Camera Obscura — Let's Get Out of This Country
Let's play a fun role-playing game. Everyone loves role-playing games, right? Of course you do, 5th level dwarf. Ok, let's pretend that you're a fairly long-lived indie rock band, and by that I mean you've probably recorded 3-4 albums and have been on a couple labels. You've slogged out on tours of Podunk towns across the country in the back of a 1976 Ford E-350 Van that you're relatively confident have put a little too much CO into your bloodstream (either that or it's the constant Galaxie 500 your bassist insists on playing when she is driving). You've between zero and no dollars so far, but hey, that's rock Ôn roll, or at least indie rock Ôn roll. So, Mr. or Ms. Indie Rock Band, when do you know you've "made it"? Is it when do you go from being filed from Mo-Mu to having your own placard at the local record shoppe? Is it when you can go into your local coffee shop, name drop your name and have the hipsters say "oh yeah, I'm into them, but only their early stuff." Is it when you become the punchline (in a good way) of a hip, indie comic strip? It's hard to tell, but for Camera Obscura, they may have stepped into the first level of the indie rock pantheon with their new disc Let's Get Out of the Country, an album chock full o' harmonies, sweet pop numbers and feel-goodness.
There are a few things you have to enjoy if you're to enjoy the Scottish sounds of Camera Obscura: (1) 1960's pop rock; (2) lush melodies; and (3) vocals that sound like they were recorded in the next room. They fall into the Belle & Sebastian school of indie pop, with a touch of Mazzy Star and the aforementioned Galaxie 500, but with a little more kick. Camera Obscura took their own advice when they recorded Let's Get Out of the Country by heading to Sweden to work with Jari Haapalainen (a Finn!) on the follow-up to Underachievers Please Try Harder (possibly my favorite title for an indie album, I mean, doesn't it sound like a Smiths song if Morrissey was Tony Robbins?) What they ended up with is a collection of pleasant, gentle and soothing songs that will make you feel warm all over. In fact, they start off with a little piece of sunshine called "Lloyd, I'm Ready to be Heartbroken!" which, among pleas I've heard, is among the oddest. It's a happy number filled with horns, strings and Tracyanne's sweet vocals, creating a succulent pop song. This 1960's pop sound continues into songs like "Come Back Margaret," a song that could have a long future on Wes Anderson soundtracks. The title track captures that late 90's Belle & Sebastian with a wall of sound that really shows the band flexing its musical muscle.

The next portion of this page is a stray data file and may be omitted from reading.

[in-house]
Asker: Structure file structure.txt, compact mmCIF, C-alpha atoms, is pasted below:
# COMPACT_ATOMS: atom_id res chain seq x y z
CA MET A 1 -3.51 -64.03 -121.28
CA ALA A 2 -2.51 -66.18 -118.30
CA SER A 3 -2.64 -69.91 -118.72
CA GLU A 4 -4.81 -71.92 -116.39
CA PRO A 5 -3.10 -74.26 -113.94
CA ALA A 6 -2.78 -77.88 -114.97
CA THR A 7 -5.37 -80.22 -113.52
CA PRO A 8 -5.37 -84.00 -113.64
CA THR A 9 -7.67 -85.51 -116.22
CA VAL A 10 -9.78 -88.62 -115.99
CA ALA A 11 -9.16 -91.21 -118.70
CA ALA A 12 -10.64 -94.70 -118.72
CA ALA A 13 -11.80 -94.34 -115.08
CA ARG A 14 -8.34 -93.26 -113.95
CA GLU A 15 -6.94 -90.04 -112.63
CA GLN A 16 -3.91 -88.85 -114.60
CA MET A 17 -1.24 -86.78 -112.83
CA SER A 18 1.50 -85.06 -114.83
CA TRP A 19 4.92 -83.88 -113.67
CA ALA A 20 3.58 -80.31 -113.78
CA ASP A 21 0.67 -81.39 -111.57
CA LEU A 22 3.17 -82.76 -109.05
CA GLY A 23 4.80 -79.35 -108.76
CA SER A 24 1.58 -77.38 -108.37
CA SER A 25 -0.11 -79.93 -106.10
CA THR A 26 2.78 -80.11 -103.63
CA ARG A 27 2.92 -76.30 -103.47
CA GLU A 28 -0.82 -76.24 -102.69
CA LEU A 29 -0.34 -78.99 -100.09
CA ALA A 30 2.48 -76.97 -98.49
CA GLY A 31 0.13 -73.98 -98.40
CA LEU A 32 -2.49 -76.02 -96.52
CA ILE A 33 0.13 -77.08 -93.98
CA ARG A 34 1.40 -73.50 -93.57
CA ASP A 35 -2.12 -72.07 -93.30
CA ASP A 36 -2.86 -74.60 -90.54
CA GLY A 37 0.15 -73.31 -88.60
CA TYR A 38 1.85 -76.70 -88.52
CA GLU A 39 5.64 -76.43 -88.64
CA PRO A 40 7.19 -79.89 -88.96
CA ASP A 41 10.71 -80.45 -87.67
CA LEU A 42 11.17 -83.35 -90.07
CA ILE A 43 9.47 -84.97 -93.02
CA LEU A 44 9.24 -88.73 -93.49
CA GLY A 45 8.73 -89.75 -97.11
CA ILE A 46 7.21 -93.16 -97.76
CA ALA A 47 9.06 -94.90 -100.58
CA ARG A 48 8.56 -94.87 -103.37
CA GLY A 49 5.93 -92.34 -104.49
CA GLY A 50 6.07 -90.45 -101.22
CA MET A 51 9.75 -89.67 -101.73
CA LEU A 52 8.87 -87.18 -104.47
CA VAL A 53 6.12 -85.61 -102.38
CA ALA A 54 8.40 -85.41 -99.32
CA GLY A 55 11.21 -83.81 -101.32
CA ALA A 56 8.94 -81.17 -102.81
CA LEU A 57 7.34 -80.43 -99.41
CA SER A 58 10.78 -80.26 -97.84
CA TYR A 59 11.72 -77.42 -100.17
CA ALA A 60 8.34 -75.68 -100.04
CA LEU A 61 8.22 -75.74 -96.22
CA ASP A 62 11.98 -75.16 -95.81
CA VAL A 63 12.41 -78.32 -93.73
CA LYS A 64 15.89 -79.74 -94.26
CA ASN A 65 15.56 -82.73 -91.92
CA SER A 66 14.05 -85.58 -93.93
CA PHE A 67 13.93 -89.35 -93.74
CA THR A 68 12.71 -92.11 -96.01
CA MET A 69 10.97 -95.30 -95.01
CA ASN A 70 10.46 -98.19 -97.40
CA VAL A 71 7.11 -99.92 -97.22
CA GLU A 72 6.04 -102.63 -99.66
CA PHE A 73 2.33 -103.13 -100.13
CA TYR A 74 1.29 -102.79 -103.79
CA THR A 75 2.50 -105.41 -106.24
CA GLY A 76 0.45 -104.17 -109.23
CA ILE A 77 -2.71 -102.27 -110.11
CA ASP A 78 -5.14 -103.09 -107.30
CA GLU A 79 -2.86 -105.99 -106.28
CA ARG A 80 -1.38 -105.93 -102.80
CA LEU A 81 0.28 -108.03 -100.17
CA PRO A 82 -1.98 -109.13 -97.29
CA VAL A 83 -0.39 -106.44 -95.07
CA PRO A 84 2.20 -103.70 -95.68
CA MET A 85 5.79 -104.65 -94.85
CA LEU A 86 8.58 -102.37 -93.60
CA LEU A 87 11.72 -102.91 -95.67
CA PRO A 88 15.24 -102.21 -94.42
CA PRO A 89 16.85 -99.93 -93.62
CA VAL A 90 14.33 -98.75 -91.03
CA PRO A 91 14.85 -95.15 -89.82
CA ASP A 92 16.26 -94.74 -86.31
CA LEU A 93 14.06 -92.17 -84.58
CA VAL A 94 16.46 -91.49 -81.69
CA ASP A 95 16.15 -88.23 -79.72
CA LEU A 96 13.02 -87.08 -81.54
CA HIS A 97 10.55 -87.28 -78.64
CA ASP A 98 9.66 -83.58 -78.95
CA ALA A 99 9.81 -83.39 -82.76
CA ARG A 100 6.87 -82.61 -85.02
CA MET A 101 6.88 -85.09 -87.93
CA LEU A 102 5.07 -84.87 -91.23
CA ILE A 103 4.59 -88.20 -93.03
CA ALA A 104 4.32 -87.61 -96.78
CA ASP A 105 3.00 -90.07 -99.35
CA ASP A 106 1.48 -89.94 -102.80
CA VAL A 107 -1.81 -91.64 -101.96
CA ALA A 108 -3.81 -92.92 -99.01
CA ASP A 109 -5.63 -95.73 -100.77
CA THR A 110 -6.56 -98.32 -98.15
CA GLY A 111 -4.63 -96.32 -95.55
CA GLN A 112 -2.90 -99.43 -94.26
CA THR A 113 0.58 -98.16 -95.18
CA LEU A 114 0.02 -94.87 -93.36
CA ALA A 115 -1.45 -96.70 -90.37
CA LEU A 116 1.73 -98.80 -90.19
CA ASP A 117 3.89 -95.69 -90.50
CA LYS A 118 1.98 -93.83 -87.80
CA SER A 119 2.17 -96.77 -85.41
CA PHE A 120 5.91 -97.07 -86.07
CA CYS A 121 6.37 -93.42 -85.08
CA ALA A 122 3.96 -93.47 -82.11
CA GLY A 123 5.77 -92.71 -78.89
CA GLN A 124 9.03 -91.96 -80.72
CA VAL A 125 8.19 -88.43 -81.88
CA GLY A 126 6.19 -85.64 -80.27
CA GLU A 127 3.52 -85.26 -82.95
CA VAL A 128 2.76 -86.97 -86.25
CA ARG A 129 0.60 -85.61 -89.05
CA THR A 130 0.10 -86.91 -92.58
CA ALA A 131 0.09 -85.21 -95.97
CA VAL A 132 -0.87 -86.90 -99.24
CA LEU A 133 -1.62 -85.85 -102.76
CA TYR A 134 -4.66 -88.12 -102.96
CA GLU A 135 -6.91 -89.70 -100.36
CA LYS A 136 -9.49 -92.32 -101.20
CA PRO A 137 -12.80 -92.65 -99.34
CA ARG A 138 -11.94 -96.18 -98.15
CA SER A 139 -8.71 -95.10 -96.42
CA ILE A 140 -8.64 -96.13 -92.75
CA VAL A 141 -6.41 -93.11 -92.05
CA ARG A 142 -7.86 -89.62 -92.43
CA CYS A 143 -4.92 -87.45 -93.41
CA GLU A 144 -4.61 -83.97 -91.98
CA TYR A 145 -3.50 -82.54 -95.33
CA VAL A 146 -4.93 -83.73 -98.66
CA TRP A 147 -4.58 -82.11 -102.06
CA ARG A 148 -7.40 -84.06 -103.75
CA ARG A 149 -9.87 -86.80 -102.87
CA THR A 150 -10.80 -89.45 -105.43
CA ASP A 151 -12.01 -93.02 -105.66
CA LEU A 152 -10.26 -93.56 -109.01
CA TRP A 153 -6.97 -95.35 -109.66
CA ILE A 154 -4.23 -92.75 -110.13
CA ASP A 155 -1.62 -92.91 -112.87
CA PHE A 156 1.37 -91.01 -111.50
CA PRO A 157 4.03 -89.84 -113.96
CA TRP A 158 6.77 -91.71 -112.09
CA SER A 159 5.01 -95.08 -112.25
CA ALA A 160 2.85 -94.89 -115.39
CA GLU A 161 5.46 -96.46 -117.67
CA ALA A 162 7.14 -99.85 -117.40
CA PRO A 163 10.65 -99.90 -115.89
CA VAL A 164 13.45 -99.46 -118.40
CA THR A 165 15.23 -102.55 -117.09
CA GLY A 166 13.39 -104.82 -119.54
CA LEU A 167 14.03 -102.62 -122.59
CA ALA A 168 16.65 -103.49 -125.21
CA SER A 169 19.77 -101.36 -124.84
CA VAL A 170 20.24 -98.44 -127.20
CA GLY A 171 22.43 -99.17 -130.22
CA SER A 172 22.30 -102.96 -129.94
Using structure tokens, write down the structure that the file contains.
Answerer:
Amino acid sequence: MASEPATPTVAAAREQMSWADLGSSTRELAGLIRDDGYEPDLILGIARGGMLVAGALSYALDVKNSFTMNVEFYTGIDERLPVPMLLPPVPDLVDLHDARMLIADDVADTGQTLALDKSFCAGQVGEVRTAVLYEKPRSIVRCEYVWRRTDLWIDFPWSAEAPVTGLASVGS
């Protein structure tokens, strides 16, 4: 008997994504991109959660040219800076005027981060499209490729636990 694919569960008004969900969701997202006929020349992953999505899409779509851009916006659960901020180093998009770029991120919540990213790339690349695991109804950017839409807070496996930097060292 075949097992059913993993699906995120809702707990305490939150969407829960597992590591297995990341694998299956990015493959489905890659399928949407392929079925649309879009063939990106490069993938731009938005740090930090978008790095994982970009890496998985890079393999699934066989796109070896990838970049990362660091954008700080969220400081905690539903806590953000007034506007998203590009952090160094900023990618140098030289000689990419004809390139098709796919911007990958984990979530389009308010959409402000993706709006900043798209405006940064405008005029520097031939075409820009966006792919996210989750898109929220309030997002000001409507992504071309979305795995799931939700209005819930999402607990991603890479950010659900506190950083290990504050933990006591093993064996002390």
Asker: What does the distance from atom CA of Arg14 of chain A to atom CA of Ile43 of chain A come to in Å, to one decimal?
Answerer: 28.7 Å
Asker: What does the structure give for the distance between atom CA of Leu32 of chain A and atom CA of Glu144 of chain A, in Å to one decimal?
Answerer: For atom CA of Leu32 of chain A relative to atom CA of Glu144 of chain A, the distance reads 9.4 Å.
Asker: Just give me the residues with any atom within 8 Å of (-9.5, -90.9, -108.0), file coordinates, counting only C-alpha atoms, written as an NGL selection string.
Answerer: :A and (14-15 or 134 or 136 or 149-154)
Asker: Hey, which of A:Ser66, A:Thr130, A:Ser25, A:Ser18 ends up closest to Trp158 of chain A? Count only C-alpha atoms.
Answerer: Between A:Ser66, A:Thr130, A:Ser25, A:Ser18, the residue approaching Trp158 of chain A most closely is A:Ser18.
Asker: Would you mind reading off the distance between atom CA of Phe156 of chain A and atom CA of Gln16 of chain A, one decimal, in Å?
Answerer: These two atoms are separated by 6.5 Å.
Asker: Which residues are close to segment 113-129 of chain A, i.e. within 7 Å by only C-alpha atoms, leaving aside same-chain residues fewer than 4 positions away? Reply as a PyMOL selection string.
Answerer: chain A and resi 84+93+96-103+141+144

They do tone down the fun a little with the Hope Sandoval inspired "Dory Previn" that has that sound of echoes and lonely nights, similar to the country ballad styled "False Contender" or the tender ballad "Country Mile". There is the tendency for the songs to seem to blend into each other in a more of a "oh wait, is this a new song?" sort of way. However, "If Looks Could Kill" does not fall into this trap. Instead, its high-octane pacing makes it one of the standouts on Let's Get Out of the Country, it has a finger-snapping beat and dreamy horn solo that makes it about as infectious as anything on an album full of pop gems. It closes out with "Razzle Dazzle Rose", a bit of a Galaxie 500 type song that seems to roll the band softly off into the sunset. The horns swap with Tracyanne's vocals and the whisked drums evoking a hot summer night in a dark coffee shop.
Let's Get Out of the Country is by no means something you've never heard before, instead it is a collection of solid, enjoyable, fun songs that seem to arrive with such ease that you feel like they've been around for years. Maybe that's what you really need from a band these days: the ability to just write good songs. Camera Obscura should have no problem getting into the college radio rotation for a good long while if they keep crafting brilliant little songs like these.